About 148,458 persons are food insecure or vulnerable to food insecurity in The Gambia, a comprehensive household report by the World Food Programme revealed.
This represents about 8 percent of the country’s 1.9 million people, and 0.6 percent are said to be severely food insecure, an increase in the proportion of the food insecure population from 5.6% in 2011.
At least 29.1 percent of the households interviewed were found to be marginally food insecure.
According to the report, food insecurity disproportionately affects households residing in predominantly rural areas.
Basse, Kuntaur, Janjangbureh and Mansakonko were found to have the highest number of food insecure households in the country with the number of food insecure households ranging between 12 percent and 18 percent.
The report stated that majority of Gambian households do not earn more than US$500 (D20,500) annually and monthly household expenditures are approximately US$250 (D10,643) with expenditure on food accounts for approximately 52 percent of the total expenditure.
“Gambian households largely rely on purchase of food for consumption, have family members who work away from home for more than six months during the year, and depend on informal credit sources (e.g. neighbors, relatives, traders) when borrowing money. Rising food prices and natural disasters are the most prominent factors that have negatively impacted Gambian households’ food access and put them at risk of becoming food insecure in recent years,” the report stated.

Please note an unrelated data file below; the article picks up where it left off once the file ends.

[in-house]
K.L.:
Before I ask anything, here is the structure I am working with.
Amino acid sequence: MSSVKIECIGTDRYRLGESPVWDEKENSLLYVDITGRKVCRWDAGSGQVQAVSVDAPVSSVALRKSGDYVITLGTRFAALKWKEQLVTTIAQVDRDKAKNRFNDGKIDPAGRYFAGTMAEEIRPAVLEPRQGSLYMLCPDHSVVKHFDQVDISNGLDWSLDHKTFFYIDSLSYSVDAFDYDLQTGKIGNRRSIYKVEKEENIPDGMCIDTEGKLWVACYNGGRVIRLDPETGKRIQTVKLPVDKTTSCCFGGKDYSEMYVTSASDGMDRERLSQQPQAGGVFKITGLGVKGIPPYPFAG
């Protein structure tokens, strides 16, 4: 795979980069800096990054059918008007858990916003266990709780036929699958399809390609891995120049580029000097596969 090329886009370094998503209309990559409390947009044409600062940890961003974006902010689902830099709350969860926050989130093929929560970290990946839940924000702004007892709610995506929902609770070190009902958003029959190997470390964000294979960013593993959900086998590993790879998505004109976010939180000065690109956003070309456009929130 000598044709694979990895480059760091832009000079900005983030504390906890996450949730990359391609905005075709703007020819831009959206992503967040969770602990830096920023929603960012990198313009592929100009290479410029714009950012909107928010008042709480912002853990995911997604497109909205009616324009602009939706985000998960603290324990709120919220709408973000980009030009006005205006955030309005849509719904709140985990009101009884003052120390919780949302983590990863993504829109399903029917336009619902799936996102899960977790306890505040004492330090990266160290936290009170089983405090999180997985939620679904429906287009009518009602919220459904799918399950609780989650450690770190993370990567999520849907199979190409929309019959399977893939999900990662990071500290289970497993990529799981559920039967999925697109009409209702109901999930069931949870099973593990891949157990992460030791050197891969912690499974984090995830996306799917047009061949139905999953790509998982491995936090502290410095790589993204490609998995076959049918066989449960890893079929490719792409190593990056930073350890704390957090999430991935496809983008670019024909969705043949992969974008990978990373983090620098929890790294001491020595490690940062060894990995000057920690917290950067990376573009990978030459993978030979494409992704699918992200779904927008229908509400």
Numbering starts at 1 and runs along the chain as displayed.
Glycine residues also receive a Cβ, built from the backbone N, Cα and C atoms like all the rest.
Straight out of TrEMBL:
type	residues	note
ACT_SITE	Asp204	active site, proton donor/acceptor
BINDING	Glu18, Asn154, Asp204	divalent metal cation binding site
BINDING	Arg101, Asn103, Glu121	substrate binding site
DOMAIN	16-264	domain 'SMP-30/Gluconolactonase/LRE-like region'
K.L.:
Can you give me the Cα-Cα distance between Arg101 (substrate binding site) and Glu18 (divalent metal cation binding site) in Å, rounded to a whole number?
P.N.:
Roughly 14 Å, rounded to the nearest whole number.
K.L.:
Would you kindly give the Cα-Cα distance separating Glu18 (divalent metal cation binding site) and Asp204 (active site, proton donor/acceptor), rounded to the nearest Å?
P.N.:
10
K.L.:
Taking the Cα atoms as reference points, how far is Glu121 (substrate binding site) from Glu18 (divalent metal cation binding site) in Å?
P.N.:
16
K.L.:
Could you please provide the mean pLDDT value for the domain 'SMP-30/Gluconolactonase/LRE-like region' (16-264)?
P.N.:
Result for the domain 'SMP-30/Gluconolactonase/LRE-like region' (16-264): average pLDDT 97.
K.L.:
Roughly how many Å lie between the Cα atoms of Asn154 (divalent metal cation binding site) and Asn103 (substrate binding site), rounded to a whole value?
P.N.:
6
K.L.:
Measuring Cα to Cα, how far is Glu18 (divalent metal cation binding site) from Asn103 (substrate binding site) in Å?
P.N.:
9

The objective of the 2016 Comprehensive Food Security and Vulnerability Analysis is to update the food security and vulnerability situation in the country and also provide comparative data to enable trend analysis over the past five years.
It gives the government and humanitarian partners with information on the areas and population groups that are most food insecure and malnourished.
It also aims to understand why they are food insecure, and how food or other assistance can make a difference in reducing hunger and supporting their livelihoods and if possible, recommend targeting criteria for the different socio-economic groups.
The European Union on Thursday issued a €11.5 funding aimed at improving food security and treatment of acute malnutrition and prevention of undernutrition to The Gambia.